Iranians Honor Martyrs in Zahedan, Rejecting Regime’s “Separationist” Theory

Written by
Mehdi Oghbai

November 9 marked the 40th day of martyrdom of over 100 innocent worshipers killed in Zahedan, Sistan and Baluchestan province. On Wednesday, many Iranian cities witnessed demonstrations in solidarity with the people of the southeastern Iranian region. This national solidarity debunked the regime’s efforts to paint brave Baluchi Iranians as separationists.

Locals in Tehran on other cities held the photos of Zahedan’s martyrs and chanted, “From Zahedan to Tehran, my life for Iran,” a slogan that was used during the recent protests in Sistan and Baluchestan.

Considered one of the most deprived areas of Iran, Baluchestan and its residents have been subjected to centuries of state-controlled mistreatment. The province that was once considered a flourishing area in Iran is devastated due to the cruelty and discrimination of dictatorships.

Yet, the courageous people in Sistan and Baluchestan have played a significant role since the beginning of Iran’s nationwide uprising. Two third of the uprising’s 550 martyrs are from this province. Their bravery has encouraged the entire Iranian nation and sent a wave of national solidarity across the country.

Therefore, the regime miserably failed after decades of painting the deprived people of Baluchestan as “separationists,” an excuse used by officials to justify their misbehavior and crimes against humanity in Sistan and Baluchestan.

Since hijacking the revolution in 1979, religious fascism has been aiming to “divide and conquer” or oppress the restive Iranian society. A few weeks into the Iranian 1979 revolution, the regime’s founder Ruhollah Khomeini mobilized its forces and attacked the Kurdistan region. This was just the beginning of Iran’s ruling theocracy. The Revolutionary Guards (IRGC) forces and border patrol have been mercilessly killing fuel porters in Sistan and Baluchestan and porters in Kurdistan under the pretext of “fighting smuggling.” Meanwhile, by controlling all of Iran’s officials and unofficial ports, IRGC runs the country’s largest smuggling network.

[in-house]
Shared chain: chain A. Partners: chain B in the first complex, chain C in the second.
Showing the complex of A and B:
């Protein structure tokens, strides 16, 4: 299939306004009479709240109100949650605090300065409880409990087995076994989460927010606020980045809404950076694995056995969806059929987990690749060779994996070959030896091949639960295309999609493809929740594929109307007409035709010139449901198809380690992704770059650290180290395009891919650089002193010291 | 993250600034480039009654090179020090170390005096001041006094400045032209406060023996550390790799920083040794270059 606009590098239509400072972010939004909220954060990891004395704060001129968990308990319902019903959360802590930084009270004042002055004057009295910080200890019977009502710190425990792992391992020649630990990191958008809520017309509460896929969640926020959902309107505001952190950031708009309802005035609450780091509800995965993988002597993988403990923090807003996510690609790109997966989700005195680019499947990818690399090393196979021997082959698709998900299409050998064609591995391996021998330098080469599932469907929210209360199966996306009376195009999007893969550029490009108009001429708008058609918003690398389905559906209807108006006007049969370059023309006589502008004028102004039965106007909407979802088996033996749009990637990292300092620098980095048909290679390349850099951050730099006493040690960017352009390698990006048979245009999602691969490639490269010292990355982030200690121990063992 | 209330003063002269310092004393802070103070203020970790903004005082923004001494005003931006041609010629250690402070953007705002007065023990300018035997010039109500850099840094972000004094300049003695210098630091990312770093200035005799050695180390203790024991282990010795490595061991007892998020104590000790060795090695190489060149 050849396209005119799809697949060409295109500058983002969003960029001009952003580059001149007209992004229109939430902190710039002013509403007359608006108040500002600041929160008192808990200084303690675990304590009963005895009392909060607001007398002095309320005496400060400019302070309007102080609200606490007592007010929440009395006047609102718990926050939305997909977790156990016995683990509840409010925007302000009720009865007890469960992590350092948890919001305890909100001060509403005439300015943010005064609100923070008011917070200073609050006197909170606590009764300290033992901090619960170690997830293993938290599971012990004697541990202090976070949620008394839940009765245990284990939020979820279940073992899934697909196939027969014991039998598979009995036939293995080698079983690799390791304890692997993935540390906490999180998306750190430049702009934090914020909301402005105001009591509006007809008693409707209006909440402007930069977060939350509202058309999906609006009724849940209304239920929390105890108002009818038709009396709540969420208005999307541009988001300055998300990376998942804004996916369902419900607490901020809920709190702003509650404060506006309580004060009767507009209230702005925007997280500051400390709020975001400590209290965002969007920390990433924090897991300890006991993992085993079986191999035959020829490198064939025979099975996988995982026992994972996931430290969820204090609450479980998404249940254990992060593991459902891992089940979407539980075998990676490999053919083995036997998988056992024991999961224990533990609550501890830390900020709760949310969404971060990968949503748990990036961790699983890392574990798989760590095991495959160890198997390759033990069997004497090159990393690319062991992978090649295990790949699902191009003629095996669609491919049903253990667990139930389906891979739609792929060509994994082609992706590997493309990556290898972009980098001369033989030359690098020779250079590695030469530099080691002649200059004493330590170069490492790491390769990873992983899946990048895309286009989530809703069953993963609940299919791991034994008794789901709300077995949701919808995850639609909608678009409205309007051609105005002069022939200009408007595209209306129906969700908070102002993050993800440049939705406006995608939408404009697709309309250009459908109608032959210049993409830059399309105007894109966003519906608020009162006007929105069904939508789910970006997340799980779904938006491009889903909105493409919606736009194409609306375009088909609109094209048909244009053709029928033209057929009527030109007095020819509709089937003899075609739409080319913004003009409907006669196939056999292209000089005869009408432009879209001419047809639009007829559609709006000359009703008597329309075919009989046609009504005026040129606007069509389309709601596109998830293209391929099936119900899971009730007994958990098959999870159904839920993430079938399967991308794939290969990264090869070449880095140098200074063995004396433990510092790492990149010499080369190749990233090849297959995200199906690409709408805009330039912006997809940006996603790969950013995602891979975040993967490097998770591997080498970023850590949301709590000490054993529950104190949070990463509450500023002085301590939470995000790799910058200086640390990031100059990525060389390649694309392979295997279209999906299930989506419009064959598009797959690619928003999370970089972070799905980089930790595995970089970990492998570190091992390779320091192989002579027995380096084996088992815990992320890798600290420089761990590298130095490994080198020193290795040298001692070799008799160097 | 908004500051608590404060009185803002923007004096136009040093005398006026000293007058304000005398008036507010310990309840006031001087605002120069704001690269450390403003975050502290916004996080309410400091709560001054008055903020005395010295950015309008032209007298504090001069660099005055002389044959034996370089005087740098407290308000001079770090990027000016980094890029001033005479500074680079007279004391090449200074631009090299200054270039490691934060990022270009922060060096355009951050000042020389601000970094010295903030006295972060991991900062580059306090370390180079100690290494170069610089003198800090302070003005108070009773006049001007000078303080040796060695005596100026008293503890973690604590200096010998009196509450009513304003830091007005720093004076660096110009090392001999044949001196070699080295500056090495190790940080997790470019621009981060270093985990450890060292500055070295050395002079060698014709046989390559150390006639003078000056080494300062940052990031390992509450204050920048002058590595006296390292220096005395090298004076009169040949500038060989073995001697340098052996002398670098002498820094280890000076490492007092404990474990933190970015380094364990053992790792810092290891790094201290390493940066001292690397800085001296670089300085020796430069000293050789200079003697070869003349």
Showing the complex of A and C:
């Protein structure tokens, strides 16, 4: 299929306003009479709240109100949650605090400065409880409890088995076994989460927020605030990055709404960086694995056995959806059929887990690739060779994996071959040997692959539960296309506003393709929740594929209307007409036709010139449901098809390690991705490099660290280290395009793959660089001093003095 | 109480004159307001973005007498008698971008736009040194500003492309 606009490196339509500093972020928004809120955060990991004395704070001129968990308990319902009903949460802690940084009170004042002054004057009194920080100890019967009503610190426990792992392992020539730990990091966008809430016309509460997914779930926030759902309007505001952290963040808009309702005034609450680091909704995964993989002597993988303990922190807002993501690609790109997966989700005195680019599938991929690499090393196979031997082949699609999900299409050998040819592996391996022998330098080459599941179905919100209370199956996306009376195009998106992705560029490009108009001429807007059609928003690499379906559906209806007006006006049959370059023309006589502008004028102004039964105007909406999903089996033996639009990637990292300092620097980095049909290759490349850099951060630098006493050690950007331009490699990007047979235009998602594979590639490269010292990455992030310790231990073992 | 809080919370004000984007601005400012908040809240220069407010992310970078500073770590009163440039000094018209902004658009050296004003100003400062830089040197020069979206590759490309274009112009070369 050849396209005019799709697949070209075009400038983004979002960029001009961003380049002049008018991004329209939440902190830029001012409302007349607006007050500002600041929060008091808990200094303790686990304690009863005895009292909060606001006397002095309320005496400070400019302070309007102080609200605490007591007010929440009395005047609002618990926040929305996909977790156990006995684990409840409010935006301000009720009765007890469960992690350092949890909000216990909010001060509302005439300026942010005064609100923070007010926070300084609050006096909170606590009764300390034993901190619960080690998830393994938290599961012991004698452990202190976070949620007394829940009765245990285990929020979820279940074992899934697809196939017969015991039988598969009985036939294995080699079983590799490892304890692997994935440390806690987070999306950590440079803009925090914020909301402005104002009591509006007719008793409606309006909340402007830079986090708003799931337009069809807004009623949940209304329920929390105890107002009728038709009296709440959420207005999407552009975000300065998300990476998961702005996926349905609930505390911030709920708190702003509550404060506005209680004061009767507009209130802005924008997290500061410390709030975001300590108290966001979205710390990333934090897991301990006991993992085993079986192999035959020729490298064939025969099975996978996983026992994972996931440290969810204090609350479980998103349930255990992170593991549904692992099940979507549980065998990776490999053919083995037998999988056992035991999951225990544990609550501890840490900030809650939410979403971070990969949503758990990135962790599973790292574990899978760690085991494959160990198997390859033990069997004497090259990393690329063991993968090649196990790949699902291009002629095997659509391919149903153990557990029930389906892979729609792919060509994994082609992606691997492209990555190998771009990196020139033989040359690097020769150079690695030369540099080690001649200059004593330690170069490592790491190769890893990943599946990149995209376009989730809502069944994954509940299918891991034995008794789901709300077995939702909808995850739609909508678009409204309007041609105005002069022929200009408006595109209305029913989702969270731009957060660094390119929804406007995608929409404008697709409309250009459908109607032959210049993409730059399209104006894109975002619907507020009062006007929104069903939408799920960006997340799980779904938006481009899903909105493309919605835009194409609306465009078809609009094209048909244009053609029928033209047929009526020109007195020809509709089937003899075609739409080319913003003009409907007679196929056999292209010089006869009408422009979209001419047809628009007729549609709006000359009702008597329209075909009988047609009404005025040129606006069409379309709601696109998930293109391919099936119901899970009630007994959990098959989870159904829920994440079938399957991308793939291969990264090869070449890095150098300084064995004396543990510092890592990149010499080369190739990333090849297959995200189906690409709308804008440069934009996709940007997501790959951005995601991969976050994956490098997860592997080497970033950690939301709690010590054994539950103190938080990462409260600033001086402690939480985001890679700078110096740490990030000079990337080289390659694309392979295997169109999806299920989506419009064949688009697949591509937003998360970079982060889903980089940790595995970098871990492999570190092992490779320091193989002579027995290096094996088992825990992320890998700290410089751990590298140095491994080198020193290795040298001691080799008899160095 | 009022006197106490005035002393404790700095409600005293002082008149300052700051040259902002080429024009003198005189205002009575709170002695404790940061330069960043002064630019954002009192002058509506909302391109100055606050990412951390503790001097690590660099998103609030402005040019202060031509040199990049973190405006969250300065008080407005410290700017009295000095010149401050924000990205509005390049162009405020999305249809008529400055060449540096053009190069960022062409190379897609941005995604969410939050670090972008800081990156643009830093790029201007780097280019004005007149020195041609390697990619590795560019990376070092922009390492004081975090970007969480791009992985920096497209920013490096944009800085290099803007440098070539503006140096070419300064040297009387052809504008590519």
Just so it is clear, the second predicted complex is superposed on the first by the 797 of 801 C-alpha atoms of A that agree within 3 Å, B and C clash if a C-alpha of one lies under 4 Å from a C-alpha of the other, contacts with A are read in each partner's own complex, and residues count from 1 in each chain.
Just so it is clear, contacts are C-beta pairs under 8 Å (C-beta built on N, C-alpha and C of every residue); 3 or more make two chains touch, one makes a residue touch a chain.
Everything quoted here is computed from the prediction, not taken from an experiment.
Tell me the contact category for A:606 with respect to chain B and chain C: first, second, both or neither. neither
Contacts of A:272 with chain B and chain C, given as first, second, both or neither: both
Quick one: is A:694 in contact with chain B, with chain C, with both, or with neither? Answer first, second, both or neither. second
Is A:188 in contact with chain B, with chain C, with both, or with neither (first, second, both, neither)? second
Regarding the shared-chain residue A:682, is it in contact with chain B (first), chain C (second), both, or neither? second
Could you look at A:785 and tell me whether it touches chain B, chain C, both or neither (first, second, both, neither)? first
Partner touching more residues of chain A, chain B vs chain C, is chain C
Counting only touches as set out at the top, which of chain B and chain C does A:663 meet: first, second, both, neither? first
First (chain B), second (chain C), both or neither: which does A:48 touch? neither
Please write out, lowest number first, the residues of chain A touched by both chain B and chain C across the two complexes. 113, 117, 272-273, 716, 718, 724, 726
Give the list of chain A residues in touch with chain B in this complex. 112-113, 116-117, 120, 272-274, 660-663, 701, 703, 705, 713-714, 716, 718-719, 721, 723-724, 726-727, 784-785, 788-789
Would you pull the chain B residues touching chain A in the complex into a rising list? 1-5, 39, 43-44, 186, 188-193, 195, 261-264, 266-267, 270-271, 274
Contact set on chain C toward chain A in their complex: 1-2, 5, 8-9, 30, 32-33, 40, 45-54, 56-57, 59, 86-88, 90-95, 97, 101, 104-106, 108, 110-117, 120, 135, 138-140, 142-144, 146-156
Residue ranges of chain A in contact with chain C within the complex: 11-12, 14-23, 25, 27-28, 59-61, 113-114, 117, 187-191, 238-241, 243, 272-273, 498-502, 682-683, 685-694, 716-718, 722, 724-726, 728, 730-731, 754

Protests in Zahedan | October 21, 2022
The Iranian opposition, the People’s Mojahedin Organization of Iran (PMOI/MEK), was the first to condemn Khomeini’s full-fledged war on Kurdistan and other ethnic minorities. In 1981, the National Council of Resistance of Iran (NCRI) adopted a comprehensive plan recognizing Kurdistan’s self-autonomy in the context of the territorial integrity of Iran. The NCRI underlines that the measures included in this plan could be used as a model for other provinces like Sistan and Baluchestan.

The clerical regime, and its predecessor dictatorship, have long tried to target national unity by putting double pressure on regions like Sistan and Baluchestan. But the recent uprising laid bare their failure.

The brave people in Kurdistan and Baluchestan paid the price of national unity with their blood. They refused to fall into the regime’s trap of “separationism” and, like other protesters across Iran, focused on calling out the entire regime and chanted “Death to Khamenei”.

The presence of Iranians from all walks of life in the nationwide uprising, including the active participation of ethnic and religious minorities with the goal of regime change, once again proves the reality that there is a democratic revolution in the making in Iran. By chanting slogans such as “death to the dictator” and “down with the oppressor, be it Shah or the Mullah,” Iranians have made it crystal clear they want democracy. Other slogans, such as “From Zahedan to Tehran, my life for Iran,” indicate a national determination to topple a regime that has indeed occupied Iran.

The time has come for the world community to accept the Iranian people’s will and desire for regime change. The first step is recognizing their right to self-defense and self-determination of their future. This would indeed help Iranians to end at least a century of oppression by two dictatorships and achieve freedom and democracy.

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